3-Pointer: Senior Sam steals the show

Three takeaways from USC basketball's 74-58 win over Washington at the Galen Center where senior walk-on Samer Dhillon stole the show.

Samer Dhillon is the only player that has been with head coach Andy Enfield during his full four-year tenure at USC. The walk-on senior has been known much more for his off-the-court accolades than his efforts to help the Trojans win on the hardwood. He has only played 27 minutes in his USC career, but the neuroscience and pre-med major owns and runs a multi-million dollar investment advisory firm and launched a mobile health clinic at USC in between doing Alzheimers research.

But on Senior Day Saturday afternoon, Dhillon stole the show. With more than 40 family members and friends in attendance, the senior forward played only one minute but capped off USC's 74-58 win over Washington with a corner three for his first basket of the season.

"Every day in shootaround that baseline jumper is my shot pretty much," Dhillon said. When I got the ball I was like ‘You know what? This one is going in. No questions asked.’"

After his first career three-pointer swished through, Dhillon turned to the crowd with a big smile on his face. He pointed to his fans. He thumped his chest and put up three fingers to let everyone know the value of his shot."

"Sam is really the key to our 23 wins this year," Enfield joked in a post-game radio interview. "He’s a special young man. He comes from a great family. He’s an unbelievable teammate."

"Sam has been practicing that shot for 4 years now...What a great shot."

As soon as the final horn sounded, the USC bench ran out to the court to celebrate with Dhillon.

Shotgun Spratling | USCfootball.com

It was the perfect finish to a USC game that once again featured an imperfect start. For the 12th time this season, the Trojans rallied from a deficit of nine or more points. They fell behind the Huskies 14-4 early and trailed for the majority of the first half. Only when USC started defending late in the first half did it turn the tide. The Trojans forced four turnovers and blocked two shots during a 15-3 run to finish the half, taking a 39-33 lead into the break.

At almost the exact same spot in the second half, USC went on a 15-4 run to pull away after Washington kept the Trojans lead around five points for the first 15 minutes of the second half.

Jordan McLaughlin finished one assist shy of back-to-back double-doubles leading USC with 22 points on 8 of 11 shooting. He also had four of USC's 11 steals, the Trojans' seventh game with a double-digit steal total.

The home team also finished with nine blocks, giving the Trojans 175 on the season, seven shy of last season's school record 182. Chimezie Metu collected three of those swats, giving him 103 for his career, which moved him into eighth place in USC history. Metu also made 7 of his 11 field goal attempts to finish with 17 points. Nick Rakocevic made all five of his field goal attempts, adding 10 points off the bench.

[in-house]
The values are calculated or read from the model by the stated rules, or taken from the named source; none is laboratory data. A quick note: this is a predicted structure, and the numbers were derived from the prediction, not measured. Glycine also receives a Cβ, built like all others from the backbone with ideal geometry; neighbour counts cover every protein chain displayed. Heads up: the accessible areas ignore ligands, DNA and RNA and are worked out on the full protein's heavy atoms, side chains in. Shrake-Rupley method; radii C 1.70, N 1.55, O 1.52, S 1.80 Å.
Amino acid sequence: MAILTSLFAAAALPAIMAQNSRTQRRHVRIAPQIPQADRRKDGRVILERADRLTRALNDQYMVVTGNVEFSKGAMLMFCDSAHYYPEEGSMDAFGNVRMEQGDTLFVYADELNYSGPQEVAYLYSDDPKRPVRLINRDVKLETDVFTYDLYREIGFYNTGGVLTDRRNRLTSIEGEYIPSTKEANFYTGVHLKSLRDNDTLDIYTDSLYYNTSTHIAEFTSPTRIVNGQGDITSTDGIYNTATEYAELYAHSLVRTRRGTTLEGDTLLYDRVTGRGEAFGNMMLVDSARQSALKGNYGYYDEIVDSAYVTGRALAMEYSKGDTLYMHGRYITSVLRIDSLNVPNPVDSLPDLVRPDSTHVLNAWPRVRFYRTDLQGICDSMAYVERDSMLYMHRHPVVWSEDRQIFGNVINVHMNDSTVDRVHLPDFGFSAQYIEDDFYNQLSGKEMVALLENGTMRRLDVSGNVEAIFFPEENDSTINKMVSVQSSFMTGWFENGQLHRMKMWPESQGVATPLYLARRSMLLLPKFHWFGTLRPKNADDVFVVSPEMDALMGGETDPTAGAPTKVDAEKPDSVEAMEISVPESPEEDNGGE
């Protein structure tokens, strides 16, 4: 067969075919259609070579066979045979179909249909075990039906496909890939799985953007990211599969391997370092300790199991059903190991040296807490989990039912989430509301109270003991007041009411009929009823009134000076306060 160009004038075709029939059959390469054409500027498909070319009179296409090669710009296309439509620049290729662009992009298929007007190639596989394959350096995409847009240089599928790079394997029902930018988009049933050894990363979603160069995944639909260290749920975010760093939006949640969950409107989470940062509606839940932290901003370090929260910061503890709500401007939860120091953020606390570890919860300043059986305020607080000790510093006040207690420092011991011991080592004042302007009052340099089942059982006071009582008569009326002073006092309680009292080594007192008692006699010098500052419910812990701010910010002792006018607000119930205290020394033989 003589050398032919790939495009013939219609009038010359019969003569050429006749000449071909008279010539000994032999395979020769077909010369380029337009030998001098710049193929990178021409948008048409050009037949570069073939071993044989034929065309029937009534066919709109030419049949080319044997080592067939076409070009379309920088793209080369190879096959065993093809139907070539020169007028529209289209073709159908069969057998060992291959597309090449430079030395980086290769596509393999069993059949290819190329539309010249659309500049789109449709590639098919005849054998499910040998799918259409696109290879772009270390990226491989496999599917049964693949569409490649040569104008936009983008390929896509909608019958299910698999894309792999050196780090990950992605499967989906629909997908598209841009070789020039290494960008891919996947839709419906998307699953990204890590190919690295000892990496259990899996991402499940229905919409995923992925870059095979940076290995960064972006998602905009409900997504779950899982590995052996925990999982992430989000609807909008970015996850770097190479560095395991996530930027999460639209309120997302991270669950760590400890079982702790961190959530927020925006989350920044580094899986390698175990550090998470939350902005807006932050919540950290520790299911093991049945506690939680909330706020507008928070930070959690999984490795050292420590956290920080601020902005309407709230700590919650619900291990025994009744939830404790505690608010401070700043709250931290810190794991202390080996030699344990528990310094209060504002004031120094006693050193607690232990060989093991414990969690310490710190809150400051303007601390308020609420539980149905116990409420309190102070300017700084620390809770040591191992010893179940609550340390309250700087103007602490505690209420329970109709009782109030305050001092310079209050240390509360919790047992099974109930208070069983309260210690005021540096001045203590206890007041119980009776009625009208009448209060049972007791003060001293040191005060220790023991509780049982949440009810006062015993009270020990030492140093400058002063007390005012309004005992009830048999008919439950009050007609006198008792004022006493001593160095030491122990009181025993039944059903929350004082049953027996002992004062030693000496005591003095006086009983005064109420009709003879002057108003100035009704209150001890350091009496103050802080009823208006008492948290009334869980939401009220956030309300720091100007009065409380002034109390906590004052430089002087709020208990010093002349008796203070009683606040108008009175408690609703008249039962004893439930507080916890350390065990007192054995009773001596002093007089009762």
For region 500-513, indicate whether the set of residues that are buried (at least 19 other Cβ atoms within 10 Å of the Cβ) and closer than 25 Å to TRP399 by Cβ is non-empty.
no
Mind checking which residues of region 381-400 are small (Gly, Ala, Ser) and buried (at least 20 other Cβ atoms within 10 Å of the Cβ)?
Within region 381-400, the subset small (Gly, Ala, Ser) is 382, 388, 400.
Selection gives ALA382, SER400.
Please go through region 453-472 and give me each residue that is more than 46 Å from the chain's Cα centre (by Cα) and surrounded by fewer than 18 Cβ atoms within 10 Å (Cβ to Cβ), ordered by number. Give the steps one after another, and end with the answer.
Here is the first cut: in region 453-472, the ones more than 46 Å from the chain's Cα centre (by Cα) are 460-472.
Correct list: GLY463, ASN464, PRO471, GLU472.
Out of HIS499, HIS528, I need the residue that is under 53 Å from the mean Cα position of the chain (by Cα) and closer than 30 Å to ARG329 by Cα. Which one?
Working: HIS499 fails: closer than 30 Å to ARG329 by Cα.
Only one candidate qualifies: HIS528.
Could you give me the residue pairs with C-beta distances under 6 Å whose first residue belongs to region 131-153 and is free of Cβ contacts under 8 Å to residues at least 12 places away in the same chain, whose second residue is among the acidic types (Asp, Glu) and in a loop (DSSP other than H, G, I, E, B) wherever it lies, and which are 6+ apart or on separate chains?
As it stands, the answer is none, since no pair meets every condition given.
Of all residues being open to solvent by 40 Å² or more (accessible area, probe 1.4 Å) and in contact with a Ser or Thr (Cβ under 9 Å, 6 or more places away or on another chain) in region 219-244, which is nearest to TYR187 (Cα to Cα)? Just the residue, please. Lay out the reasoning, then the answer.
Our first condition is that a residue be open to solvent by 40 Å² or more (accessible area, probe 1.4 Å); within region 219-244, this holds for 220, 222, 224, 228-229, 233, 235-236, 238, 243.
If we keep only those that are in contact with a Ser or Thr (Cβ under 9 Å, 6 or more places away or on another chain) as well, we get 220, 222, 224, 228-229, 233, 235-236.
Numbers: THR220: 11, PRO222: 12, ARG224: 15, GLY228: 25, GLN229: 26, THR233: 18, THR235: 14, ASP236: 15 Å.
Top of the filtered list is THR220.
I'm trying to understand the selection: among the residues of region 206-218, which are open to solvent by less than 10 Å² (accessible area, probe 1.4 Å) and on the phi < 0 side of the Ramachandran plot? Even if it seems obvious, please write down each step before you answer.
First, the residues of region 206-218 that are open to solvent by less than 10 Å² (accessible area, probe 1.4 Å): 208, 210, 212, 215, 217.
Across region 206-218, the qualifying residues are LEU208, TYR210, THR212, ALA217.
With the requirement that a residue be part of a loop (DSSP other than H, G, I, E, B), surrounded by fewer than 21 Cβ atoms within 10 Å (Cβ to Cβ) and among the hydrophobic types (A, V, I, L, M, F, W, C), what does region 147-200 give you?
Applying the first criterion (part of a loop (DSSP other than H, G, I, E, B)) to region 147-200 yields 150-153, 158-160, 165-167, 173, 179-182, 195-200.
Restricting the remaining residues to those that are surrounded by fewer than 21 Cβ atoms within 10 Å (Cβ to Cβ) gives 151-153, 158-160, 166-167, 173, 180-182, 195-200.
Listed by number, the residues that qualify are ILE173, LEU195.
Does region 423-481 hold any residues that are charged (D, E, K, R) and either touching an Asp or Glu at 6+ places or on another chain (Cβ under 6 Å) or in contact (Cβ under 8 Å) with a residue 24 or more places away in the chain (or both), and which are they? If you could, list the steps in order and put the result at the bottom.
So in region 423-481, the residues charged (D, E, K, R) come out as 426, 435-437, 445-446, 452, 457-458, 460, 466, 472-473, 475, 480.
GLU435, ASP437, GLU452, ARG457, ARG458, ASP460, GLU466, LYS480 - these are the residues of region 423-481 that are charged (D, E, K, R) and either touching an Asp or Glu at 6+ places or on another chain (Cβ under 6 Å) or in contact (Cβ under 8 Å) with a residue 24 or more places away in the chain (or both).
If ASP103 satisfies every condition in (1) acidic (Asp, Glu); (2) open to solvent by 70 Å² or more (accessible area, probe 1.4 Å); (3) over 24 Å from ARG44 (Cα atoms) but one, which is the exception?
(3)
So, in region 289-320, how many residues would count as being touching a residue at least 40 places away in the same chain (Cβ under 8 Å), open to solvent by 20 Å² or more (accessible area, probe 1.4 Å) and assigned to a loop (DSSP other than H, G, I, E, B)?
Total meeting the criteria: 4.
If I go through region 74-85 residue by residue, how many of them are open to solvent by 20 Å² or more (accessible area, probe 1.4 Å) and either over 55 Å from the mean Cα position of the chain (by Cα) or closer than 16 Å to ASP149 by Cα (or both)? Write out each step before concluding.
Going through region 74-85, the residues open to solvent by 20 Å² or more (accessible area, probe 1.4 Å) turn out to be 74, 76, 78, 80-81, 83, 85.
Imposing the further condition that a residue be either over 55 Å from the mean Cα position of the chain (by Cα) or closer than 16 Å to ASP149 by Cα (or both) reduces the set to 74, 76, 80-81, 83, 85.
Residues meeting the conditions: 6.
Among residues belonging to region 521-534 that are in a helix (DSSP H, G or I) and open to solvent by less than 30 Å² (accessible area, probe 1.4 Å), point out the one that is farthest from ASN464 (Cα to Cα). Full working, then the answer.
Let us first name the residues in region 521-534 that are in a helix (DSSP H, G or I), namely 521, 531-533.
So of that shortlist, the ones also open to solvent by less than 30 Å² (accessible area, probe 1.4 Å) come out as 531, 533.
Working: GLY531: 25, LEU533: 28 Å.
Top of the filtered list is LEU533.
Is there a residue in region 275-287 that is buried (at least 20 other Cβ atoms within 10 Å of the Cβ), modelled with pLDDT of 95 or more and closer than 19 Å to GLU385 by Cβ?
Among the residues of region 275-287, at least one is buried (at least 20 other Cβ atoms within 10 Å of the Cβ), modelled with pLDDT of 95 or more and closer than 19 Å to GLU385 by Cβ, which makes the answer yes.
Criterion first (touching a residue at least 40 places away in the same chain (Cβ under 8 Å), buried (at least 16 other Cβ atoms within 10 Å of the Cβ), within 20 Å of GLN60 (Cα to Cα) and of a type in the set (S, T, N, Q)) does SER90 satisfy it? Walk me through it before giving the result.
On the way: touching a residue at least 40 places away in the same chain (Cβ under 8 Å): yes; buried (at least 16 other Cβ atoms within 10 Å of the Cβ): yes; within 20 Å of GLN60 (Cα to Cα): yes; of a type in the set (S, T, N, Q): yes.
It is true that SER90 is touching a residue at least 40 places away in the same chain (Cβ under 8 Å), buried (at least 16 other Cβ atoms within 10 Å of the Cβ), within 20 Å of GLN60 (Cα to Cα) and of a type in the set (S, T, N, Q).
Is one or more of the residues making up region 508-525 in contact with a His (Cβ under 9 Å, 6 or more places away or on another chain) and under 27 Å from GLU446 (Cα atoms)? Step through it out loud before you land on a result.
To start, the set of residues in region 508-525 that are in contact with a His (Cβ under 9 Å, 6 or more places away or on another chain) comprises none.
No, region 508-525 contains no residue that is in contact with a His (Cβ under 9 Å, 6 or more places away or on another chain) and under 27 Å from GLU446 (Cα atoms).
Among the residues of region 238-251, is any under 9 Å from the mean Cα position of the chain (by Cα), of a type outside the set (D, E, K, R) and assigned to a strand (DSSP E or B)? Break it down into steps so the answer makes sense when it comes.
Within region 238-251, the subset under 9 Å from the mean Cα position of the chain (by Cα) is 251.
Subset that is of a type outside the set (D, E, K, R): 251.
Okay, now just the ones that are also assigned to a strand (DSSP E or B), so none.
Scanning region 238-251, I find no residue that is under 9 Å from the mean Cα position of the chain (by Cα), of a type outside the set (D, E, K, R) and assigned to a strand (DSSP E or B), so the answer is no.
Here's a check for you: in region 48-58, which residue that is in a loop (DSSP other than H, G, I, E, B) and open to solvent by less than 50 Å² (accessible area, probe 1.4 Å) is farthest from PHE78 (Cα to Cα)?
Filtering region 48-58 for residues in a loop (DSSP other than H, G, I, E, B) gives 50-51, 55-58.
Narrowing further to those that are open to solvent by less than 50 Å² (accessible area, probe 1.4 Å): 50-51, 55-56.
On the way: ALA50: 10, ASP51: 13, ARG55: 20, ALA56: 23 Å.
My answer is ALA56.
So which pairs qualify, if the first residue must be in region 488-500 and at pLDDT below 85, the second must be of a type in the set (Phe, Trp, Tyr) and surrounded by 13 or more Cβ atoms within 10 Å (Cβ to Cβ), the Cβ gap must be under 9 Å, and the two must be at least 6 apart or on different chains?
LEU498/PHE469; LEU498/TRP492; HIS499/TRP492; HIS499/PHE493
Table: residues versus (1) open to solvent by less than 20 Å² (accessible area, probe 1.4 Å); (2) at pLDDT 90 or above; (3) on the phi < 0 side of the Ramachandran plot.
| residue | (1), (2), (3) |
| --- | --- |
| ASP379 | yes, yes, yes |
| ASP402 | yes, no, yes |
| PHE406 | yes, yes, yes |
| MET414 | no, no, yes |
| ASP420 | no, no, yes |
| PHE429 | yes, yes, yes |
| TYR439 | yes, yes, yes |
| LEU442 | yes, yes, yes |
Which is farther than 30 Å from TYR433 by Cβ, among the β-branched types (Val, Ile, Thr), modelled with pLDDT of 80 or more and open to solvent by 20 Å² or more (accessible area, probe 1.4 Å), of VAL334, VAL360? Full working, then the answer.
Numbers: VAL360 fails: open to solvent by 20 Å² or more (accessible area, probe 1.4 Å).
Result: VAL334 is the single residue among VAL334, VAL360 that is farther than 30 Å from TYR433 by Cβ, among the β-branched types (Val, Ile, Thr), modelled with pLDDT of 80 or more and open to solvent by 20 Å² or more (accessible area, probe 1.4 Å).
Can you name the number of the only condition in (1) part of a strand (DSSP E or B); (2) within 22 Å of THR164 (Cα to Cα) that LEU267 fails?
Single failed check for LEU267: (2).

Washington forward Noah Dickerson finished with a game-high 27 points, besting the career-high 23 points he scored earlier in the week against UCLA. Matisse Thybulle finished with 19 points on 6 of 10 shooting, including making five of his seven attempts from distance. The rest of the Huskies were 0 for 12 on three-point attempts. USC wasn't much better making just 4 of 14 three-point tries.

Despite its outside struggles, USC shot a season-high 58.7 percent for the game, its fourth consecutive game shooting over 50 percent. 

Here's three takeaways from USC's 74-58 win over the Huskies on Saturday afternoon:

McLaughlin in March

Whenever he wanted, USC junior Jordan McLaughlin crossed over and went right by whichever Washington defender was trying to stay in front of him. The Huskies could only foul McLaughlin with their point guard David Crisp fouling out after playing just 18 minutes and reserve Dan Kingma being in foul trouble all night as well. McLaughlin got into the lane and displayed an array of floaters and twisting layups, finishing with 22 points -- his first 20-point performance in nearly two months.

"It's March. You've got to play your best basketball," McLaughlin said. "It's about that time for March Madness. There's just something that gets me. The better the games. The higher at stake. I feel like that's when I perform best."

Shotgun Spratling | USCfootball.com

In his last three games, McLaughlin has 29 assists. The Trojans point guard has been more aggressive and has come alive down the stretch, which is exactly what the team needs as it heads into the conference tournament and potential postseason play.

"Jordan is doing what he wants to do, is relied upon to do and what he is expected to do for us because he’s our leader," Enfield said. "When he plays at this level, he gets everyone involved. He’s playing at a very high level."

The Trojans are at their best when McLaughlin rides that fine line between attacking the basket to score and attacking the lane to create openings for teammates. When McLaughlin and Chimezie Metu can run the pick and roll successfully, the Trojans always have a go-to play when needed. Any time a play breaks down or the shot clock is winding down, McLaughlin can get a high ball screen and either go to the rim or flip the ball up and let Metu do the rest.

"All you've got to do is just throw up by the rim and he'll go get it no matter where it's at," McLaughlin said. "When you can give him the ball in open space, he can handle it; he can pass it; he can now shoot better than he did last year."